A LEEK poultice was used to "mature" a boil, according to the Welsh medical text known as the Physicians of Myddfai, and of course ONIONS have always been used too. A poultice (with or without black treacle) is a widespread treatment for a boil, not only in Britain, but in the Aegean (Argenti & Rose), and in America (Sackett & Koch). Irish country people used cooked NETTLES to cure boils (O'Farrell). GROUNDSEL poultices were commonly used for boils; there are records from Dorset (Dacombe), Norfolk (Randell), the Highlands (Grant) and northern Ireland (Foster), and doubtless many other areas. Just as commonly used were DOCK leaves, either those of Broad-leaved Dock or of Curled Dock. The Blackfoot Indians used the latter as a poultice (Johnston), and dock tea was another way of dealing with them (Fernie). COMFREY, at least in County Kerry, has been used, too, the roots being made into a poultice. The belief was that the comfrey drove away the worms in the boil. They could not stand the smell of the stuff (Logan). DWARF ELDER was used in the Balkans; the leaf decoction was taken internally as well as being used externally (Kemp). RIBWORT PLANTAIN is mentioned as a Highland remedy for boils and bruises (Grant), and it is common knowledge that a MALLOW or MARSH MALLOW compress should be used to deal with them. A compress made by cooking FENUGREEK seeds until they were like a paste or porridge, was used hot on boils, abscesses and the like (Fluck). A hot poultice of CATMINT leaves was used in Alabama (R B Browne).

OATMEAL poultices were part of Scottish domestic medicine for the cure of minor boils and suppurations. The oatmeal would be prepared with water and a slight dressing of salt butter. For "difficult" boils urine would take the place of butter (Beith). Another possibility is to use the infusion of SCENTED MAYWEED for such a poultice (Fluck), and in Somerset a poultice of GOOSE-GRASS was the remedy (Tongue. 1965).

VIOLET leaf plasters were used for ulcers and boils - there is a recipe from the 15th century for "hot botches", described as inflamed boils: "Take violet, and stamp it with honey and vinegar, and make thereof a plaster; and anoint the head [of the botch] on the beginning of its growing with the juice of violet, and then lay on the plaster" (Dawson). The condition used to be treated by Irish country people by applying a MULLEIN leaf roasted between dock leaves, and moistened with spittle - as long as the spittle be that of an Irishman! (Egan). The inner leaves of a CABBAGE formed the ideal medicament to draw a boil, according to belief in Shropshire and Cheshire (Barbour). An Irish cure was to use a pain-killing poultice made by mixing HEMLOCK leaves with linseed meal, and this could double up as a preparation to put on boils (Maloney). A CHICKWEED poultice used to be a common Dorset remedy for boils (Dacombe), as it was in Ireland, too (Barbour).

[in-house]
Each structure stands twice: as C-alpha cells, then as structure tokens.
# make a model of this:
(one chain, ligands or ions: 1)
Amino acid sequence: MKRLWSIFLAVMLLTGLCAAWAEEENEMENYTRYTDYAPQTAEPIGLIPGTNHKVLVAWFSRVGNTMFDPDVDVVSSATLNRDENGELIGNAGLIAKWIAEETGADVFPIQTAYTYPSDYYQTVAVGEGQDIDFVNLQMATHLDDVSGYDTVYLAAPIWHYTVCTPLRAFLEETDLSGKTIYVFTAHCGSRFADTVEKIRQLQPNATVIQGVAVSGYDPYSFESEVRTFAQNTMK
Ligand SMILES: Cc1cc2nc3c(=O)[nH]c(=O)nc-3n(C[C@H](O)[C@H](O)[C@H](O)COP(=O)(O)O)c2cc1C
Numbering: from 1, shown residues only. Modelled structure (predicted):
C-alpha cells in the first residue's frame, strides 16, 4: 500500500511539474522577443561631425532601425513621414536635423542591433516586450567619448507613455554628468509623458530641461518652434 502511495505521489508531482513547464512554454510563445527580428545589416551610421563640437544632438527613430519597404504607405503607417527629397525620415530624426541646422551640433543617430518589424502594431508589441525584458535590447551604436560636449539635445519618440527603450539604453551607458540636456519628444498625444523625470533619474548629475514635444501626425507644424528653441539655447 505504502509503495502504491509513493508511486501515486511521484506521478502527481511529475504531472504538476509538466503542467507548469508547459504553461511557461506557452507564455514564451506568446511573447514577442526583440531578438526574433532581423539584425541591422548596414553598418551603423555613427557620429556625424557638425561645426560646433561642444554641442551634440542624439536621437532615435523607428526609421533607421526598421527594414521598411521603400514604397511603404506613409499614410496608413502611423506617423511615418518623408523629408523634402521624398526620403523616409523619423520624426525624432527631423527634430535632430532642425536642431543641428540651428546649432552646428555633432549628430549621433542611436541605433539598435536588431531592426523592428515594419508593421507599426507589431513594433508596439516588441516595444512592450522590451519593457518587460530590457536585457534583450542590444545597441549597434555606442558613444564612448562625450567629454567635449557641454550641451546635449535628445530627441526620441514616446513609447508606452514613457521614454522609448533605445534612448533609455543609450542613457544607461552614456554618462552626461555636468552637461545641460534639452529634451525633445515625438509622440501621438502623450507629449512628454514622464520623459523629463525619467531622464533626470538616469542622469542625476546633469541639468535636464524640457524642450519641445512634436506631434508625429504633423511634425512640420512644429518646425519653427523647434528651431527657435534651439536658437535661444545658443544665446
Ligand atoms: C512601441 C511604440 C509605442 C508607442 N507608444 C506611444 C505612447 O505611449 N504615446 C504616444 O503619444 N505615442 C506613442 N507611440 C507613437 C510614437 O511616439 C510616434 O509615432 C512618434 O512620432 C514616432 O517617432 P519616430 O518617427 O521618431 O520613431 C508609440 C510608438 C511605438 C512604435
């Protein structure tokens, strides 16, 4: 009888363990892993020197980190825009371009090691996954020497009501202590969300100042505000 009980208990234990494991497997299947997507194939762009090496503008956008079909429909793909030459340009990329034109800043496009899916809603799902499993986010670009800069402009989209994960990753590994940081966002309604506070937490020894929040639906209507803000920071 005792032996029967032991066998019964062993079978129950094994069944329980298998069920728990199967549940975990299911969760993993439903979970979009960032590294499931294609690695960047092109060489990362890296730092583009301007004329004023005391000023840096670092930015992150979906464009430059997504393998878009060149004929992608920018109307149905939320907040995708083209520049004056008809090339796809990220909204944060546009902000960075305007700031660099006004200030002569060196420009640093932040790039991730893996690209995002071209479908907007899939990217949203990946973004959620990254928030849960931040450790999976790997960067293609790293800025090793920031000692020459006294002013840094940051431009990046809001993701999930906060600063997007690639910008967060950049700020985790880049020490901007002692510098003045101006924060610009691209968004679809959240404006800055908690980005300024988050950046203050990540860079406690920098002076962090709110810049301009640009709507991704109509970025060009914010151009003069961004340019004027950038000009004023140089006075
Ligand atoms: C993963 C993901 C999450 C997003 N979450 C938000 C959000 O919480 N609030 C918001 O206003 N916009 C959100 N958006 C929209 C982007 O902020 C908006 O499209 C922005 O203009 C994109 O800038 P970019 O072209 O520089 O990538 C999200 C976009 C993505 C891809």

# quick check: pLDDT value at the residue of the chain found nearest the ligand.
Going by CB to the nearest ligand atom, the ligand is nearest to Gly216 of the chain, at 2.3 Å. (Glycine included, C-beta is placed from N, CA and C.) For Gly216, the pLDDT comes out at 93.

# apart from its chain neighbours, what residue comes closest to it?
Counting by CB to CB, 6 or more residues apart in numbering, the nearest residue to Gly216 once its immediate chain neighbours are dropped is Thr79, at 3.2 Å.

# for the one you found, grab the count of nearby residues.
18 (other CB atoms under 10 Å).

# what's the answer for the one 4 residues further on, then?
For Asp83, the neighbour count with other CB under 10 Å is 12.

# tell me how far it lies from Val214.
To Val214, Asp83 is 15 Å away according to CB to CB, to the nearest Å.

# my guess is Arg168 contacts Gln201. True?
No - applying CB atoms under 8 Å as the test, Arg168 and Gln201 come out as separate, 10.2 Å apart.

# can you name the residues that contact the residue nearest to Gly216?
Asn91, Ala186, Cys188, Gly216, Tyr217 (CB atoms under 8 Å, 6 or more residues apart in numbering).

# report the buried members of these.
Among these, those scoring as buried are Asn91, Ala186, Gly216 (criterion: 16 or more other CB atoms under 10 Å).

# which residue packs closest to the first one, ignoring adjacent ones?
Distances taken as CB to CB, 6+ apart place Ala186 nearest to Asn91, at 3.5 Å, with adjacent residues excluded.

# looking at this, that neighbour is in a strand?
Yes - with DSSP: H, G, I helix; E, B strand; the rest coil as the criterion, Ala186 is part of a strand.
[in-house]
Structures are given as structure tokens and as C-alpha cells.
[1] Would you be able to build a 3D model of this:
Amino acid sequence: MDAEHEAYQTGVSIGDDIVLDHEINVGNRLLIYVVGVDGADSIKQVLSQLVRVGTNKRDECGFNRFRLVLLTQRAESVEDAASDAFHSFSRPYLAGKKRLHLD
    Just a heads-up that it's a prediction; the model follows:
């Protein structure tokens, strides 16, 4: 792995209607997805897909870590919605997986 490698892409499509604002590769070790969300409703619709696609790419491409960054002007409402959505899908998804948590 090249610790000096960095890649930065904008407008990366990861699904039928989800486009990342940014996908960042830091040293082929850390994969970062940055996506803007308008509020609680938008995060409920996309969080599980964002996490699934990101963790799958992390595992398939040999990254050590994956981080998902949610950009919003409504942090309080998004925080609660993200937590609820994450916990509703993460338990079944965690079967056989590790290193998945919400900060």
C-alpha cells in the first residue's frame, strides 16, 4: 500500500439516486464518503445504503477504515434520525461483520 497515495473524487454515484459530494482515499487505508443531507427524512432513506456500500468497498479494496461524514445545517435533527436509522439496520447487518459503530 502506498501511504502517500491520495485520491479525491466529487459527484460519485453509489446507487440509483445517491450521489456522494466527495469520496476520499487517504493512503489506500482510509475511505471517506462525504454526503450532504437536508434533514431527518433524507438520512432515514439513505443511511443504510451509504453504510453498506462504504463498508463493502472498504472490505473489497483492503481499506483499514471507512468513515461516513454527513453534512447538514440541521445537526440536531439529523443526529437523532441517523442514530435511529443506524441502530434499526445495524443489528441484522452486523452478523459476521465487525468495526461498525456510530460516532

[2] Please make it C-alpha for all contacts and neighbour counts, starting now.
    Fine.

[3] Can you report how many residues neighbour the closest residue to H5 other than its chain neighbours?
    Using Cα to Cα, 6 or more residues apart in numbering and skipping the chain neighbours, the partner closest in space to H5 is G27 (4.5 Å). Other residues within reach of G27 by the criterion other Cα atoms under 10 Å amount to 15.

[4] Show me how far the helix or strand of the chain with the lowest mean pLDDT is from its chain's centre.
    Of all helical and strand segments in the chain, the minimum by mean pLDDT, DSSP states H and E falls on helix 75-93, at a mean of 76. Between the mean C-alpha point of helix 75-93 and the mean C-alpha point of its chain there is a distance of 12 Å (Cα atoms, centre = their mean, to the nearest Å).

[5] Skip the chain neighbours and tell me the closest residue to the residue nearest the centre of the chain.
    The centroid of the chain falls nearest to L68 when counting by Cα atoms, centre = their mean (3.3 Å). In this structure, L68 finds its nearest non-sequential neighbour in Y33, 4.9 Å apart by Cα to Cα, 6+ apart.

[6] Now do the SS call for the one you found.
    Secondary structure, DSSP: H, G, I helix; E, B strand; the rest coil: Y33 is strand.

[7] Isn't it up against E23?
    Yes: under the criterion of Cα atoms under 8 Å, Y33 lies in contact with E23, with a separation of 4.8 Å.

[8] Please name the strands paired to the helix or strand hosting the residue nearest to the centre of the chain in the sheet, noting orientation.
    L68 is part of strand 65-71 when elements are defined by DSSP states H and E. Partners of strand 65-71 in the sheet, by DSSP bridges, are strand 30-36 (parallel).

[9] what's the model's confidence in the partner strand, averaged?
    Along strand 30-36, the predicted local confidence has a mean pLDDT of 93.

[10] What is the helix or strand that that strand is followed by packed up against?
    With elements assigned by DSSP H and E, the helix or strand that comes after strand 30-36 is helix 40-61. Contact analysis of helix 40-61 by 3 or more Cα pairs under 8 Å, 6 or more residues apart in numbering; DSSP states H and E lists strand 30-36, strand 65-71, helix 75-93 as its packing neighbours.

In Devonshire, they say that to cure boils, you have to find a BRAMBLE "growing on two men's lands", that is, roots on one man's land, grown over the hedge, and rooted on the other side, on someone else's land. The patient had to creep under it three times (Crossing); similarly in Cornwall, creeping under a bramble was believed to cure boils (Grieve. 1931). In Dorset, the cure was to creep under a bramble three mornings running, against the sun (Udal). Even amulets have been used to combat boils. A CAMPHOR bag round the neck was used in Maine (Beck), for example, and so was a NUTMEG, but it had to be nibbled nine mornings fasting (Hawke). In Devonshire, a little more ritual was needed. The patient must be given the nutmeg by a member of the opposite sex. He carries it in his pocket, and nibbles it from time to time. Only when the nutmeg has quite disappeared will the boils have gone (Devonshire Association. Report. vol 91; 1959p199). SLIPPERY ELM bark could be used to put on a boil. For example, mixed with lard, it can be put straight on the boil (R B Browne), or a paste could be made by pouring boiling water over the bark, and that could be put on (R B Browne, Beck), and splitting a fig and applying that as a poultice was the practice in Indiana (Tyler). From Alabama: "For boils, take equal parts sumac, sage and swamp-lily (that is, ATAMASCO LILY) root, and boil into a strong infusion, strain, and put in a cupful of lard and fry until the water is out. Apply on a flannel cloth" (R B Browne). The Kiowa Indians treated them simply by rubbing the leaves of POISON IVY over the boil. The resultant dermatitis would last about as long as the boil. So the disappearance of the two afflictions together may explain this strange practice (Vestal & Schultes).

Shona witch doctors were reported to use a medicine involving the CANDELABRA TREE (Euphorbia ingens) to treat boils. One way was to to crush the shell of a particular snail into a powder and mix it with the milky sap, and apply that (Palgrave).


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